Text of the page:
How Mrs Vivienne Westwood survived the 1970s without repeated bankruptcy is a mystery.
As director Danny Boyle put it, in his punk biopic The Pistol (Disney+), Westwood’s Chelsea store exists only to give shoplifters a decent blow.
Obscene logo T-shirts, safety pins and jackets dripping from chains, bondage pants: they almost all walked out the door on their own. If Viv does catch a thief, he might end up joining boyfriend Malcolm McLaren’s band.
Scene Steal: Anson Boone as Johnny Rotten Pictured: Louis Partridge as Sid Vicious, Anson Boone as John Lyndon, Toby Wallace as Steve Jones
Pistol revels in its absurd romantic history. In this retelling of the Sex Pistols Steve Jones memoir, every petty crime and drug-fueled escapade gains legendary status.
Toby Wallace plays Jones, a lively Londoner, a lenient boy nicknamed “Sly Dodge.” His wit and charm were his only compensation for a miserable, abusive childhood.
The first time we meet him, he breaks into the Hammersmith Odeon after David Bowie’s farewell gig as Ziggy Stardust in 1973 – not to see spiders from Mars, but to steal their gear. Then he and pal Paul Cook hotline a sports car with a load of beer and uppers around his neck, and take the little ones on a high-speed chase.
If those cliché slang sounds a little fake, so does the script. It was apparently written by someone who learned English by watching episodes of The Sweeney.
Sex Pistols (LR): John Joseph Lydon aka Johnny Rotten, drummer Paul Cook, bass guitarist Sid Vicious, born Johnny Rotten John Simon Ritchie, guitarist Steve Jones, member of punk band Sex Pistols
This is Richard Curtis’s working-class version of London. Instead of Hugh Grant’s floppy edges, we have Johnny Rotten’s spiky Barnett. This is not true love, but true hate.
But that doesn’t matter because Pistol isn’t aimed at those who really remember London in the shabby days of Harold Wilson’s government.
This is music history reimagined for the American market. Last year, Disney+ was a huge success with Peter Jackson’s eight-hour Beatles documentary “The Return,” and they seem to want to build on it — despite the fact that pistols and Beatles fans exchanged for each other when punk exploded despise. They all sound great these days, but that’s because the alternative is Ed Sheeran.
Every petty crime and drug-fueled escapade gains legendary status in this retelling of the Sex Pistols Steve Jones memoir
Thomas Brodie-Sangster, who was really in love, had the best lines, parodying a McLaren speech. “Rogues like you excite me,” he told Jones and Cook, who describes himself as the manager of their band The Swankers.
The name had to go away, so Malcolm named them Kutie Jones And His Sex Pistols. He presented Jones with a Gibson guitar, which he liberated from his original punk protege, the New York Doll.
The doll didn’t last. “You’re trying to dress them up as Chinese Communists, pets,” Westwood (Talulah Riley) reminds him. ‘It doesn’t suit their music. or their race.
McLaren, a true carnal greedy, is in for a lighthearted treat here. A documentary about his treatment of other behaviors, notably Bow Wow Wow with their 14-year-old frontman Annabella Lwin, raises disturbing questions.
Here, he gets away with a mischievous smile and fluent small talk, as he does in real life. When Jones was about to be sentenced for burglary, did he really stride into the Crown Court wearing a bowler hat and sweetly let the judge get a suspended sentence?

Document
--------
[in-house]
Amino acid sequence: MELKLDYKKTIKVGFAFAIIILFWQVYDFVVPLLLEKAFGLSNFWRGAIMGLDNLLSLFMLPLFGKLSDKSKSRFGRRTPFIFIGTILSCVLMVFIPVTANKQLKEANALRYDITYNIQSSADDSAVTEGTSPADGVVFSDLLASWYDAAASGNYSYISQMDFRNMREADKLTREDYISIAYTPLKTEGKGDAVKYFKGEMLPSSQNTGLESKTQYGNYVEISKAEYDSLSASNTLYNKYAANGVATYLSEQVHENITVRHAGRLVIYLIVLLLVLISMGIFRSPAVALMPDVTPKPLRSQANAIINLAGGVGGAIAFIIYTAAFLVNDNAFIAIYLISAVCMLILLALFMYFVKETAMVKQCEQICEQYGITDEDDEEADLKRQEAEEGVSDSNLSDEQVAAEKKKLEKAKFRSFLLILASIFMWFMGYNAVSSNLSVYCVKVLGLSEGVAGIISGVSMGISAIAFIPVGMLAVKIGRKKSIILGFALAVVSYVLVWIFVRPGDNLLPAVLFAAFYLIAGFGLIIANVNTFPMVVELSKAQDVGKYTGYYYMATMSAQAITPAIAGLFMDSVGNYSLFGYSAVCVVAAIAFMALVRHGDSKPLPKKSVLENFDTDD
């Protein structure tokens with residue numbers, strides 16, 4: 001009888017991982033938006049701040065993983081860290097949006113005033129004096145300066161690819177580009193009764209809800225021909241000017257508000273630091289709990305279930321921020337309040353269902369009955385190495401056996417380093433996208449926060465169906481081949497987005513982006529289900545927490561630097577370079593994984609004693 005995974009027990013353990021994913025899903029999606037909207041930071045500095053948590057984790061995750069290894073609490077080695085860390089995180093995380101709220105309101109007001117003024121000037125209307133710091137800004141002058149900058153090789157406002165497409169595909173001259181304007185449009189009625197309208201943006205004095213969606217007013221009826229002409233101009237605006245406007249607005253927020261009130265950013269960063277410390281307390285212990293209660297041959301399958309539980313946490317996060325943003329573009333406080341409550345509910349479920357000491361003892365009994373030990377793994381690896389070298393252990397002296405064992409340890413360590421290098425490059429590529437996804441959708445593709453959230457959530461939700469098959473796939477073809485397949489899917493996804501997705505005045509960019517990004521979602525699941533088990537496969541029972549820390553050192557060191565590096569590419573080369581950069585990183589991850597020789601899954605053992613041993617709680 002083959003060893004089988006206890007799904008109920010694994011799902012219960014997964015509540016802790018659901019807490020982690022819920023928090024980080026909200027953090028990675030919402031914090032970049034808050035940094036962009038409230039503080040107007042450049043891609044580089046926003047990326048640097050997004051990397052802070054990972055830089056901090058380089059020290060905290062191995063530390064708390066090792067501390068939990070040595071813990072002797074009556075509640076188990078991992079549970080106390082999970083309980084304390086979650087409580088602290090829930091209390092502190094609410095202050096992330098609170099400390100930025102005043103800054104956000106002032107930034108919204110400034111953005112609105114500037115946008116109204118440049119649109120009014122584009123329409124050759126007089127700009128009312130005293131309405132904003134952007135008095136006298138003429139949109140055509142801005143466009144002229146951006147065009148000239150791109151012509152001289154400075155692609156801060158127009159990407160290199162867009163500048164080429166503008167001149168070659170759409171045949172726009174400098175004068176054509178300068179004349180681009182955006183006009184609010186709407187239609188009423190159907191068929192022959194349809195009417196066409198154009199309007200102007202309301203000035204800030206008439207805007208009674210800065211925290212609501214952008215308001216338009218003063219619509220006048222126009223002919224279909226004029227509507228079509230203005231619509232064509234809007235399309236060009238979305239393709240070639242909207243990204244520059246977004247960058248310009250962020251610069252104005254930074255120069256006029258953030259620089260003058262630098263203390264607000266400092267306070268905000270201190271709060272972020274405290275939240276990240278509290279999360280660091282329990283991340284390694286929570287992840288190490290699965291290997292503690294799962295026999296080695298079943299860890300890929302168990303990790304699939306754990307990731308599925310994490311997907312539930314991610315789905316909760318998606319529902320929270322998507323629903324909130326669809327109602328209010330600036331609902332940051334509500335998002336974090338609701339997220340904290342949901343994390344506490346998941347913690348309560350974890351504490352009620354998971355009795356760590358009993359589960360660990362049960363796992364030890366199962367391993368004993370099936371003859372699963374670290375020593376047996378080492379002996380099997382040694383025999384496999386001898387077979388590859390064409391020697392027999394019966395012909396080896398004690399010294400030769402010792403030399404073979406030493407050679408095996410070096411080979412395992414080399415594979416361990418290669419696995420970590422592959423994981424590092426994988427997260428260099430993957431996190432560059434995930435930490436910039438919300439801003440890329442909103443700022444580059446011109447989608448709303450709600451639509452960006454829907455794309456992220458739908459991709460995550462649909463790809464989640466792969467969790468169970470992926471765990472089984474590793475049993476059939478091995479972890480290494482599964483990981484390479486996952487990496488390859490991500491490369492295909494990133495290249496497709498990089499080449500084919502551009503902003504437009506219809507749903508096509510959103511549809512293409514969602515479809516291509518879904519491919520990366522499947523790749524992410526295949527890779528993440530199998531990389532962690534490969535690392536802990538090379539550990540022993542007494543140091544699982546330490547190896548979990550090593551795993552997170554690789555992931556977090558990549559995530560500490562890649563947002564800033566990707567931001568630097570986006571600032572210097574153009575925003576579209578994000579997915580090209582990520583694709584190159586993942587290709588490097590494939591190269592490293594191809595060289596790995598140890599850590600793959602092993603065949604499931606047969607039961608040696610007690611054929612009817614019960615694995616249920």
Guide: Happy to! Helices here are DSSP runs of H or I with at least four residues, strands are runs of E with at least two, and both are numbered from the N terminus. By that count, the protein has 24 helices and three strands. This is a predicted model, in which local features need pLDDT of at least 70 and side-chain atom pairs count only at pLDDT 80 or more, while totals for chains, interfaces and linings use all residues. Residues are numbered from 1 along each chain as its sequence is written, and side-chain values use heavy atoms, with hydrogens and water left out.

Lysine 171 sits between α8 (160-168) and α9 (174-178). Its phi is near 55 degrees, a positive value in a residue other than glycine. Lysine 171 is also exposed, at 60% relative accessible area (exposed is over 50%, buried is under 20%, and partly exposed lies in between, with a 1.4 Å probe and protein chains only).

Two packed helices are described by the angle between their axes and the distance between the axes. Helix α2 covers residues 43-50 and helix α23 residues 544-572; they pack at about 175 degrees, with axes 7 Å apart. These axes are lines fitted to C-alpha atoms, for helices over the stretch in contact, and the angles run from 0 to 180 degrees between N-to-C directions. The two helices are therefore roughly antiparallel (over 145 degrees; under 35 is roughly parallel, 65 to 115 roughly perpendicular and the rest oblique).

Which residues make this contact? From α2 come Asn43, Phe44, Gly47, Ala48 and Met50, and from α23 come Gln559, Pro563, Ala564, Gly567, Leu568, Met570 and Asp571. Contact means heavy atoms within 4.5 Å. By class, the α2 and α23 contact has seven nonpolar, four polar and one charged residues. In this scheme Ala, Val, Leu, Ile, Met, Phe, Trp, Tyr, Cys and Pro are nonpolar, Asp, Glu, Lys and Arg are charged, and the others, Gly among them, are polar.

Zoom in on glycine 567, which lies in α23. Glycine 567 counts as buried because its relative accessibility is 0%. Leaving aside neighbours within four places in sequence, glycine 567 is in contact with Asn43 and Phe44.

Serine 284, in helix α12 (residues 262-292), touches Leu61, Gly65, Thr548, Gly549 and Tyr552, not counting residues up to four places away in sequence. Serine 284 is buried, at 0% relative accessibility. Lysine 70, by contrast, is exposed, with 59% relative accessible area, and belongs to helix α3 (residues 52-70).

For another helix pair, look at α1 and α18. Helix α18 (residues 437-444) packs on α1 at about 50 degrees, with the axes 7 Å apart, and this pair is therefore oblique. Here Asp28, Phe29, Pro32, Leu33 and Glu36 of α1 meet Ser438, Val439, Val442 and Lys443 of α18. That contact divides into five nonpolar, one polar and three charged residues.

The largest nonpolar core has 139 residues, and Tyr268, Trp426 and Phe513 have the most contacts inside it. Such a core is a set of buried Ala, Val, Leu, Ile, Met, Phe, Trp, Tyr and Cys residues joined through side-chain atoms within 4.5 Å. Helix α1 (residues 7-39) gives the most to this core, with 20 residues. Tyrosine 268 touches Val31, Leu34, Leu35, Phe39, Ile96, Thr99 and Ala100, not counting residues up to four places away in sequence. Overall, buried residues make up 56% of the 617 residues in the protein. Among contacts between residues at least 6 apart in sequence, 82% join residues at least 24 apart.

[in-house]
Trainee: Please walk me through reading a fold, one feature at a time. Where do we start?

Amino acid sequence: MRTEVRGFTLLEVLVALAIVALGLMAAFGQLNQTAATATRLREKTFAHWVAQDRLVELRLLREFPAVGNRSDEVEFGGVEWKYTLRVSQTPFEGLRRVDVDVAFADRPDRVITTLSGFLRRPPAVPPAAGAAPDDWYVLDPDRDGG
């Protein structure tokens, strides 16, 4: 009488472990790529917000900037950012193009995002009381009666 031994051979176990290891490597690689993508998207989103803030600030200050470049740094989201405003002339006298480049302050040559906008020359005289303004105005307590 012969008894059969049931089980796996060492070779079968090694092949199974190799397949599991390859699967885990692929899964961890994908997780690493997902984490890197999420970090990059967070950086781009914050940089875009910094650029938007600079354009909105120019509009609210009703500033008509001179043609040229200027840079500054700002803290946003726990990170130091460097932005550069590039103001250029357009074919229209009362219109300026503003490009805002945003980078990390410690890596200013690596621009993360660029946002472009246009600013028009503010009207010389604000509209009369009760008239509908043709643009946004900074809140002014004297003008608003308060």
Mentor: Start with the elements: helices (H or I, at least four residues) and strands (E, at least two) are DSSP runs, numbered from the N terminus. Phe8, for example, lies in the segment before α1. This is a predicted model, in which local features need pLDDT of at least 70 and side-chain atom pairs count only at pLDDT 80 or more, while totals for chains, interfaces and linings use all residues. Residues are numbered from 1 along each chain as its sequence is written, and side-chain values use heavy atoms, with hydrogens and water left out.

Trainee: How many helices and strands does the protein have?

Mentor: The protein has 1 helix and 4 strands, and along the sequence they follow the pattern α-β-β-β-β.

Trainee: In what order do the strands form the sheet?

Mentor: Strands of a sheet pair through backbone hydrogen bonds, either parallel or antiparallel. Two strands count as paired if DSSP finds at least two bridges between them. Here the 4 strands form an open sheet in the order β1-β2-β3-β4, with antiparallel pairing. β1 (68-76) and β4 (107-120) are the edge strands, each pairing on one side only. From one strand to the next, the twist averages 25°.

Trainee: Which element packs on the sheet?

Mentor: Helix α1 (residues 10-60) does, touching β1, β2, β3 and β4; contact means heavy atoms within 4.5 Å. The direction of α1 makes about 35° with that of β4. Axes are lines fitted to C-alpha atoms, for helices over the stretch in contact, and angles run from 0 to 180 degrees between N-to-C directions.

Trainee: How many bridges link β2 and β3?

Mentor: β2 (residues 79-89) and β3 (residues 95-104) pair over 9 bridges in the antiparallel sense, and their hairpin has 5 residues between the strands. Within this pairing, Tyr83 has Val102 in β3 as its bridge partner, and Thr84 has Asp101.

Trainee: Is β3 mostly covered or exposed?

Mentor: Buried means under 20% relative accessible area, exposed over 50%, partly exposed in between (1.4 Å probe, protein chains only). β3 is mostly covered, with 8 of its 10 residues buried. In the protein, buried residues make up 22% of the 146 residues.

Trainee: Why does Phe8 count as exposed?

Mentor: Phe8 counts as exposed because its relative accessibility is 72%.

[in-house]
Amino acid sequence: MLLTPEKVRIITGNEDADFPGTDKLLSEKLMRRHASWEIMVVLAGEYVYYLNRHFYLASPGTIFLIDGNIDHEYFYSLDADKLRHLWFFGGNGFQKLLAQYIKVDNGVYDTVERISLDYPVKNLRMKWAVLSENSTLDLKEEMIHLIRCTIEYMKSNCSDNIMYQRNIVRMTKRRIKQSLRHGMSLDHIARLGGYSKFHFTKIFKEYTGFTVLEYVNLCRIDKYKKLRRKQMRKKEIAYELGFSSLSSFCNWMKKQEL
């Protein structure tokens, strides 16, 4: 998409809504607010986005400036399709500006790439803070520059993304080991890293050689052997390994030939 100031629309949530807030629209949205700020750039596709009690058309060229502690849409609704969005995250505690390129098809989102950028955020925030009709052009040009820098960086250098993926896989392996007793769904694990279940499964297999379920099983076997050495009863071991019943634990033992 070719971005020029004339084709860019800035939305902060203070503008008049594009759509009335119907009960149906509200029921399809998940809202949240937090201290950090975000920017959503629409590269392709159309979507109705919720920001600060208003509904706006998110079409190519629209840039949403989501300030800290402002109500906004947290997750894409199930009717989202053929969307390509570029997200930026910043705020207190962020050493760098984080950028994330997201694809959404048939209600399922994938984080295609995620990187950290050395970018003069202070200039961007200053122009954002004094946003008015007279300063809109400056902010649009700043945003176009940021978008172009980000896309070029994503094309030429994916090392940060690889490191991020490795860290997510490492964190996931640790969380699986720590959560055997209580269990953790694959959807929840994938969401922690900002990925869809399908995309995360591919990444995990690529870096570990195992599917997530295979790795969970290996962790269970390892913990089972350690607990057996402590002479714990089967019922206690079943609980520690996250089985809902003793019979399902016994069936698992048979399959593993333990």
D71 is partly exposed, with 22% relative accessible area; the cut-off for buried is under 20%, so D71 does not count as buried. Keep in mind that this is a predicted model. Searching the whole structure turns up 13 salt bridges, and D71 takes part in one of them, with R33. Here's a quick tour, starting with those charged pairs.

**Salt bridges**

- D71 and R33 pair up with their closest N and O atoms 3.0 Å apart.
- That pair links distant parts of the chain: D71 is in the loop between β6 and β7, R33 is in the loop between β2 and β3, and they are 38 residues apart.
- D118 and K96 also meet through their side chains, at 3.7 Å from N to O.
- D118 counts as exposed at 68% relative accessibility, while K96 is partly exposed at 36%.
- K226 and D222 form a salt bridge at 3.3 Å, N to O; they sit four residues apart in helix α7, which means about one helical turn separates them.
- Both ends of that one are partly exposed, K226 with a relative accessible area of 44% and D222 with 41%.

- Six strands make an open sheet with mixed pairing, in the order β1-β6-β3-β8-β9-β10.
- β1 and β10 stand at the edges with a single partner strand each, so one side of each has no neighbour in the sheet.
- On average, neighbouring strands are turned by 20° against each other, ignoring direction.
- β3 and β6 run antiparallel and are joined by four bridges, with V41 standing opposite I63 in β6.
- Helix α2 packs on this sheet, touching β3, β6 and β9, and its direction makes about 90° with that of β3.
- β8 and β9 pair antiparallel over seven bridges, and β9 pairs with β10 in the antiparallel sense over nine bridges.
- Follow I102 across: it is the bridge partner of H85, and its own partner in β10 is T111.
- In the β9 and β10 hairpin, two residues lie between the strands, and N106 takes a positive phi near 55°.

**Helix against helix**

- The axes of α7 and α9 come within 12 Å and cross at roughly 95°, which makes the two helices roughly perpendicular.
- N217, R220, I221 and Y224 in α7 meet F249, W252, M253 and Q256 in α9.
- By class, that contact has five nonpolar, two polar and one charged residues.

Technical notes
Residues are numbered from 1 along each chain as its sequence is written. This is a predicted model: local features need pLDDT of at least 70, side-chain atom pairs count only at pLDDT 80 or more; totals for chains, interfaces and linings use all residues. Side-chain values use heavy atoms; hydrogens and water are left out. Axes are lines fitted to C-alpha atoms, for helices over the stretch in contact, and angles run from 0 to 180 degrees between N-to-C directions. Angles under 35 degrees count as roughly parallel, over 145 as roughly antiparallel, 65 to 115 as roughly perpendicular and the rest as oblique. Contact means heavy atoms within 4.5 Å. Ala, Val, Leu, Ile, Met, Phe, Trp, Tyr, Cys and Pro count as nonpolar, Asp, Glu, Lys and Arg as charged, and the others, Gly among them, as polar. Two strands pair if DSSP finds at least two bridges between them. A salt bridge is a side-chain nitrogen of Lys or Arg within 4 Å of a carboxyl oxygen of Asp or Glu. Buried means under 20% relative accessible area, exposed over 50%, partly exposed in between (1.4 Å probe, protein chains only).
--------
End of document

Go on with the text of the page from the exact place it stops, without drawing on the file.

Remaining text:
Who cares if it’s not true? Pistols are about mythology, which means wrapping stories with celebrities.
Thomas Brodie-Sangster and Talulah Riley as McLaren and Westwood
Soon-to-be star of The Pretenders Chrissie Hynde (Sydney Chandler) serves behind the counter at Sex. Keep your eyes open and you’ll see Siouxsie Sioux, Billy Idol and Richard Branson too.
Anson Boon threatens to steal every scene, though, plays John Lydon – from where we see him deface Pink Floyd with “I hate…” From the moment he wore the T-shirt, he was a hypnotizing, malevolent presence, nicknamed Johnny Rotten by the band because of the nicotine teeth on his tombstone. Leighton pretended to laugh it off, then glared from the other side of the door.
Not only was he resentful—a product of resentment from the dysfunctional class system of the 1970s—Leighton was festering with disgust. When he screams that he wants to “destroy-woo-woo,” he means he wants to end everything – himself, the country, the band, the whole smelly land.
Insecure and lonely among band members who differ from his self-ripping rage, Lydon wants his teammate Sid to join them on bass. Sid (Louis Partridge) has a girlfriend named Nancy (Emma Appleton). The relationship was doomed from the start. Pistols celebrate romance and glorify bad luck. It was Johnny Rotten who screamed: “No future, you have no future!”
Pistols to play as a six-part set on Disney+ starting tomorrow
Danny Boyle’s Pistol: Who Plays Who in Biopic
Incredible: Louis Partridge, character left, bassist Sid Vicious, right, 1978
Wow: Anson Boon (left) and Johnny Rotten (right) in 1976
Characters: Toby Wallace (left) and guitarist Steve Jones (right, 1978)
Characters: Jacob Slater (left) and drummer Paul Cook (right, 1978)
In a photo released from the Pistol episode, actress Emma Appleton, who plays Nancy, is seen arm-in-arm with guitarist Steve Jones (left).Jones claims to have had sex with Nancy but it was because of her relationship with Sid (as in 1978) so she will always be remembered
Exciting: Iris Law (left) will follow in her father Jude’s acting footsteps in her screen debut as Soo Catwoman (right) on the Sex Pistols TV series
The man behind the band: Thomas Brodie-Sangster (left) will take on the role of Pistols manager Malcolm McLaren (right, 1978)
Actress Sydney Chandler (left) as rocker Chrissie Hynde (right)
Role: Maisie turned model and actress Pamela Rooke aka “Jordan” for her role in the upcoming FX series